Three things brought change. The international campaign was one. The second was that Archbishop Desmond Tutu, on whom the mantle of leadership had fallen with all the ANC leaders jailed or exiled, had travelled repeatedly to the United States and persuaded key American financial institutions to disinvest in South Africa. The third was that, in 1989, President Botha had a stroke and was replaced by F W de Klerk. The new white president saw the writing on the wall, with sanctions biting and the nation's isolation growing. On 11 February 1990 Mandela was freed from jail.

The world watched his release and heard his first words of freedom: "I stand here before you not as a prophet but as a humble servant of you, the people. Your tireless and heroic sacrifices have made it possible for me to be here today. I therefore place my life in your hands."

Within three years Mandela and de Klerk had jointly been awarded the Nobel Peace Prize. Within four years the black leader had replaced the white one as president. At his inauguration as the nation's first president elected by the whole population he said: "We dedicate this day to all the heroes and heroines in this country and the rest of the world who sacrificed in many ways and surrendered their lives so that we could be free .... Their dreams have become reality."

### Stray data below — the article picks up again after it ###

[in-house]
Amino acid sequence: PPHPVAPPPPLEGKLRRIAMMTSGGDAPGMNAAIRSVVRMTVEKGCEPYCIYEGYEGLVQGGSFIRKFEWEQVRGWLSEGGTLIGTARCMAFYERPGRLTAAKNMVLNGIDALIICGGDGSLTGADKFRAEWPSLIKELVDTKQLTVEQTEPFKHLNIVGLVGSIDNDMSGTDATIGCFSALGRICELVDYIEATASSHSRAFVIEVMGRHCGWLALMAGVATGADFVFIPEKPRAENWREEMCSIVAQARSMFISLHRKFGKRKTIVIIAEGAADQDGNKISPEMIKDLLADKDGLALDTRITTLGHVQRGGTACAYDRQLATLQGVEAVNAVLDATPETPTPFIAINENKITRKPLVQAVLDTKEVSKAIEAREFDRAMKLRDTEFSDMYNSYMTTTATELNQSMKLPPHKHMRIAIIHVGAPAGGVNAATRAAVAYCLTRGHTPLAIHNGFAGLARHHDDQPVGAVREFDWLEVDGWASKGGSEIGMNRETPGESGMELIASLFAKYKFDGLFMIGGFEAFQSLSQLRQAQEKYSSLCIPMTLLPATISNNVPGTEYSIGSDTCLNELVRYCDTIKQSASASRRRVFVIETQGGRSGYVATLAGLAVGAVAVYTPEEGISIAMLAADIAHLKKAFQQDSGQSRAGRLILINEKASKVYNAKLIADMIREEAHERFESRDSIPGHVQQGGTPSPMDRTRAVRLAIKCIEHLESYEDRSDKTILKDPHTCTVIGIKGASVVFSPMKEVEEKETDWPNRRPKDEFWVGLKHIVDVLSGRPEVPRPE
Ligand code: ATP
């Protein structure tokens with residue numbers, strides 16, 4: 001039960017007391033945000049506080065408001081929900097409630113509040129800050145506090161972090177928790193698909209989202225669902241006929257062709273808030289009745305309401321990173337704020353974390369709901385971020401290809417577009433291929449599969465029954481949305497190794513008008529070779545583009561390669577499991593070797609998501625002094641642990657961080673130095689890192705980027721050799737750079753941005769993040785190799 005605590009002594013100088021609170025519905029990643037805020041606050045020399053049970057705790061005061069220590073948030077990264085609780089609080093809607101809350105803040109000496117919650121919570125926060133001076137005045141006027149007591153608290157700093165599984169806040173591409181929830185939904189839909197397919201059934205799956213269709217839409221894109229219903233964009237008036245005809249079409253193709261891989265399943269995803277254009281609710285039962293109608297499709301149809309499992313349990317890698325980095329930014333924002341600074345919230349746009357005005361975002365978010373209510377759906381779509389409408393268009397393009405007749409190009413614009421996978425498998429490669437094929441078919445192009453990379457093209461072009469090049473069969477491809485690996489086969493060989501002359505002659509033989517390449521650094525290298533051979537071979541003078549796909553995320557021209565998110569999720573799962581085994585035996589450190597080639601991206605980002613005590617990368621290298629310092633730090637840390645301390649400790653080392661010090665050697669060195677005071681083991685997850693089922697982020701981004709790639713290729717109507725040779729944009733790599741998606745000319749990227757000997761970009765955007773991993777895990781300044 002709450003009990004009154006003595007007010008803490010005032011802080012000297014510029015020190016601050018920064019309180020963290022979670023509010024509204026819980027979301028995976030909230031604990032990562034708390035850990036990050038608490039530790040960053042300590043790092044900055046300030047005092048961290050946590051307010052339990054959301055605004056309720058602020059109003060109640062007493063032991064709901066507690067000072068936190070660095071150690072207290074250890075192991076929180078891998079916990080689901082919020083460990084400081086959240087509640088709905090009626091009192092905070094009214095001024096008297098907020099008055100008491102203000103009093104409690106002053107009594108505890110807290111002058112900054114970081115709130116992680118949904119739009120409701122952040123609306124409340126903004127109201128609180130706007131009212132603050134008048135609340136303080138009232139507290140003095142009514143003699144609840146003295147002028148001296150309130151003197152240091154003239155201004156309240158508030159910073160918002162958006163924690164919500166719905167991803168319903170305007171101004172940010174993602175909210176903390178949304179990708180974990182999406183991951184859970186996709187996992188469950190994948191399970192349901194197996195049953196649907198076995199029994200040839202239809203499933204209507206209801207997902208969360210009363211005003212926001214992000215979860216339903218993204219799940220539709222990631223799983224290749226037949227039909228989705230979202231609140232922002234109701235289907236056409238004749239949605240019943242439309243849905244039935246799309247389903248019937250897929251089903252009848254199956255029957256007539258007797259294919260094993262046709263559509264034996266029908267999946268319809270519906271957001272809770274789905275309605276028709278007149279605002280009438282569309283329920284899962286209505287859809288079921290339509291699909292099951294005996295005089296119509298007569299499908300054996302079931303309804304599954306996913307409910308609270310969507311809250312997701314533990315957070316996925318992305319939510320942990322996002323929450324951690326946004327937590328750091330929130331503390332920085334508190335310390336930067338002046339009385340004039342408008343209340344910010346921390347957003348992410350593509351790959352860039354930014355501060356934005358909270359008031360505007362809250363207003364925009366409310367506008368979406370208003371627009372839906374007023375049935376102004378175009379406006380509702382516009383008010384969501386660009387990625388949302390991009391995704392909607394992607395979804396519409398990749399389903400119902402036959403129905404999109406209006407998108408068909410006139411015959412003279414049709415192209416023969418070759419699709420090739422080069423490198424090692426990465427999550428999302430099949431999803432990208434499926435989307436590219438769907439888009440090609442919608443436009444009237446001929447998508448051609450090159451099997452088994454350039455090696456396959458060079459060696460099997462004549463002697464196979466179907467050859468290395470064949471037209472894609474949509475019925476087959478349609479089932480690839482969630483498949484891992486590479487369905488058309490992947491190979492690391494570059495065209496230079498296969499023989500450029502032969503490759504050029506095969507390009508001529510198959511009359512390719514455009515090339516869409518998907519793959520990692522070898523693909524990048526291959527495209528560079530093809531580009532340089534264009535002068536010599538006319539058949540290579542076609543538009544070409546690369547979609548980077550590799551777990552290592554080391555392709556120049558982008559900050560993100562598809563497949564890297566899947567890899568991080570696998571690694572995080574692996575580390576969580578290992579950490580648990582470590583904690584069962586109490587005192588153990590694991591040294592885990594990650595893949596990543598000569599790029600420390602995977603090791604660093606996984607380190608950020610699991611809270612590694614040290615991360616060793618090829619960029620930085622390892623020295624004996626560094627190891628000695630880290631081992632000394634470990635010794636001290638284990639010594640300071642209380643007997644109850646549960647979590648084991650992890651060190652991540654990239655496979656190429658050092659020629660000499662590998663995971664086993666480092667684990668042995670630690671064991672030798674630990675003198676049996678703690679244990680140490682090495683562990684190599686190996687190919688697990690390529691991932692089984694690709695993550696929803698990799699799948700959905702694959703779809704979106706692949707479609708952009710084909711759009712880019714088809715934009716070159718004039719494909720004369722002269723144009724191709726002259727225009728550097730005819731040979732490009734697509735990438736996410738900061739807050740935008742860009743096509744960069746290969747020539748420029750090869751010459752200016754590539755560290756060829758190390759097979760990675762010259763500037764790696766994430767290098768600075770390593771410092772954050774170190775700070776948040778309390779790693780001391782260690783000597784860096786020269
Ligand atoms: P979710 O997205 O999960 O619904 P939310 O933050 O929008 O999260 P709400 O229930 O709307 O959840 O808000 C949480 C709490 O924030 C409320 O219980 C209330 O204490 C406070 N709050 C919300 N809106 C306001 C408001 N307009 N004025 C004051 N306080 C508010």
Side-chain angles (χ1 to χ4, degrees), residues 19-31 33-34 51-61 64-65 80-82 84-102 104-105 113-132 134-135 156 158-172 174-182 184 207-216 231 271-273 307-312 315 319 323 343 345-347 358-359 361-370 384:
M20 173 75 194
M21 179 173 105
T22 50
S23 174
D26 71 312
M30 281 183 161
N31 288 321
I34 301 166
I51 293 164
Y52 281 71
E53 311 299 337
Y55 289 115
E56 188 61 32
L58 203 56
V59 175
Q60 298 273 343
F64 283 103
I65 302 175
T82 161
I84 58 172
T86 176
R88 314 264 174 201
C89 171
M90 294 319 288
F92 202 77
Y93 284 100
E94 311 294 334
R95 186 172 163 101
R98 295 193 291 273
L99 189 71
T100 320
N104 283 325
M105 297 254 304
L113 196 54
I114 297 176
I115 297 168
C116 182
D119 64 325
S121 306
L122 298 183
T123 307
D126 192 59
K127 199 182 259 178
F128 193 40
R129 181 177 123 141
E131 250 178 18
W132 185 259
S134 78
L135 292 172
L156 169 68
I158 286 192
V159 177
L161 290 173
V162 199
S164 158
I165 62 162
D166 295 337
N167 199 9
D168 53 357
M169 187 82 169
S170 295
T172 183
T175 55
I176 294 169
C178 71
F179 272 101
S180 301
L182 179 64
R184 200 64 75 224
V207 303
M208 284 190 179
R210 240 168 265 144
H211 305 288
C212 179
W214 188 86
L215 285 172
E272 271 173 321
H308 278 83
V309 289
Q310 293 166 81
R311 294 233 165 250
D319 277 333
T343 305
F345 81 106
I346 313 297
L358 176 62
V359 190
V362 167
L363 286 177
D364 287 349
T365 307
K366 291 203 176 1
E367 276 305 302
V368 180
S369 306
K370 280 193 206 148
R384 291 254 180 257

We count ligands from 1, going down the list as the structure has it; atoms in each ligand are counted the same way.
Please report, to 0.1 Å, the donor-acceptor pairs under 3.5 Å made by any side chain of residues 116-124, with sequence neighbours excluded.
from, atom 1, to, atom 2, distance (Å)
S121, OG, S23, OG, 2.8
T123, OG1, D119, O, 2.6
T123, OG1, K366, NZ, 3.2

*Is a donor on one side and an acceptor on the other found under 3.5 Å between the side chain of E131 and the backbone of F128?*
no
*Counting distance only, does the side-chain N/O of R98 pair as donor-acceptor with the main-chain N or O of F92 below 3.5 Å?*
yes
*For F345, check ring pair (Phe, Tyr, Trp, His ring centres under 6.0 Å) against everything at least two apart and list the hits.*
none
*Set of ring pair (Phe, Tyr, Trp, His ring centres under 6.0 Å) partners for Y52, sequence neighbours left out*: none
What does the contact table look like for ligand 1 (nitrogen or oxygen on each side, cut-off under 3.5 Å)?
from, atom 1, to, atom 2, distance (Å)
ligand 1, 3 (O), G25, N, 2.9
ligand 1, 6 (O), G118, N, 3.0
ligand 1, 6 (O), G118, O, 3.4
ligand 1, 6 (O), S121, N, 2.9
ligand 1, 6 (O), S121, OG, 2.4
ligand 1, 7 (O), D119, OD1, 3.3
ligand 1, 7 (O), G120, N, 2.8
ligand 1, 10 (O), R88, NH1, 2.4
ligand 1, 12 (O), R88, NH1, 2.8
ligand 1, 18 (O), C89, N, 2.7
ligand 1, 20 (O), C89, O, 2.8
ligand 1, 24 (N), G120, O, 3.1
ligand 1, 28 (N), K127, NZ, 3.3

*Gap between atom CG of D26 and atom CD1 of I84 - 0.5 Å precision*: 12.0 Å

Yet the most astonishing thing was to come. Mandela invited to his inauguration his arch enemy P W Botha and also Percy Yutar, the lawyer who had tried to get him executed in the Rivonia trial. He then went out of his way to support the all-white national rugby team, the Springboks, wearing a team shirt during the 1995 World Cup. And he threw his weight behind Desmond Tutu's idea for a Truth and Reconciliation Commission, which offered amnesty to all those who came forward to fully confess their crimes during the apartheid regime. This policy of reconciliation averted a bloodbath and eased the transition to multi-racial democracy.

This was his most extraordinary achievement. Ironically its roots lay in the long years of imprisonment.

In jail, he said, "You come face to face with time: there is nothing more terrifying." There he learned the power of forgiveness. Though as a boy he was educated at Methodist colleges, Mandela had no personal religious faith as motivation. But his long years in prison inculcated in him an extraordinary tolerance and compassion, and brought him a sense of perspective that enabled him to see beyond day-to-day politics to more ultimate ends.

It enabled him to exert authority over the warders, and eventually over the South African government itself until they were virtually his prisoners and he was the warder. Afterwards he never reminded anyone of their past support for apartheid or its horrors. And when angry young ANC activists called for vengeance he replied that if he could work with enemies who sent him to jail for a third of his life, so could they.

Reconciliation was the price of future peace. "Men of peace must not think about retribution or recriminations," he said. "Courageous people do not fear forgiving, for the sake of peace".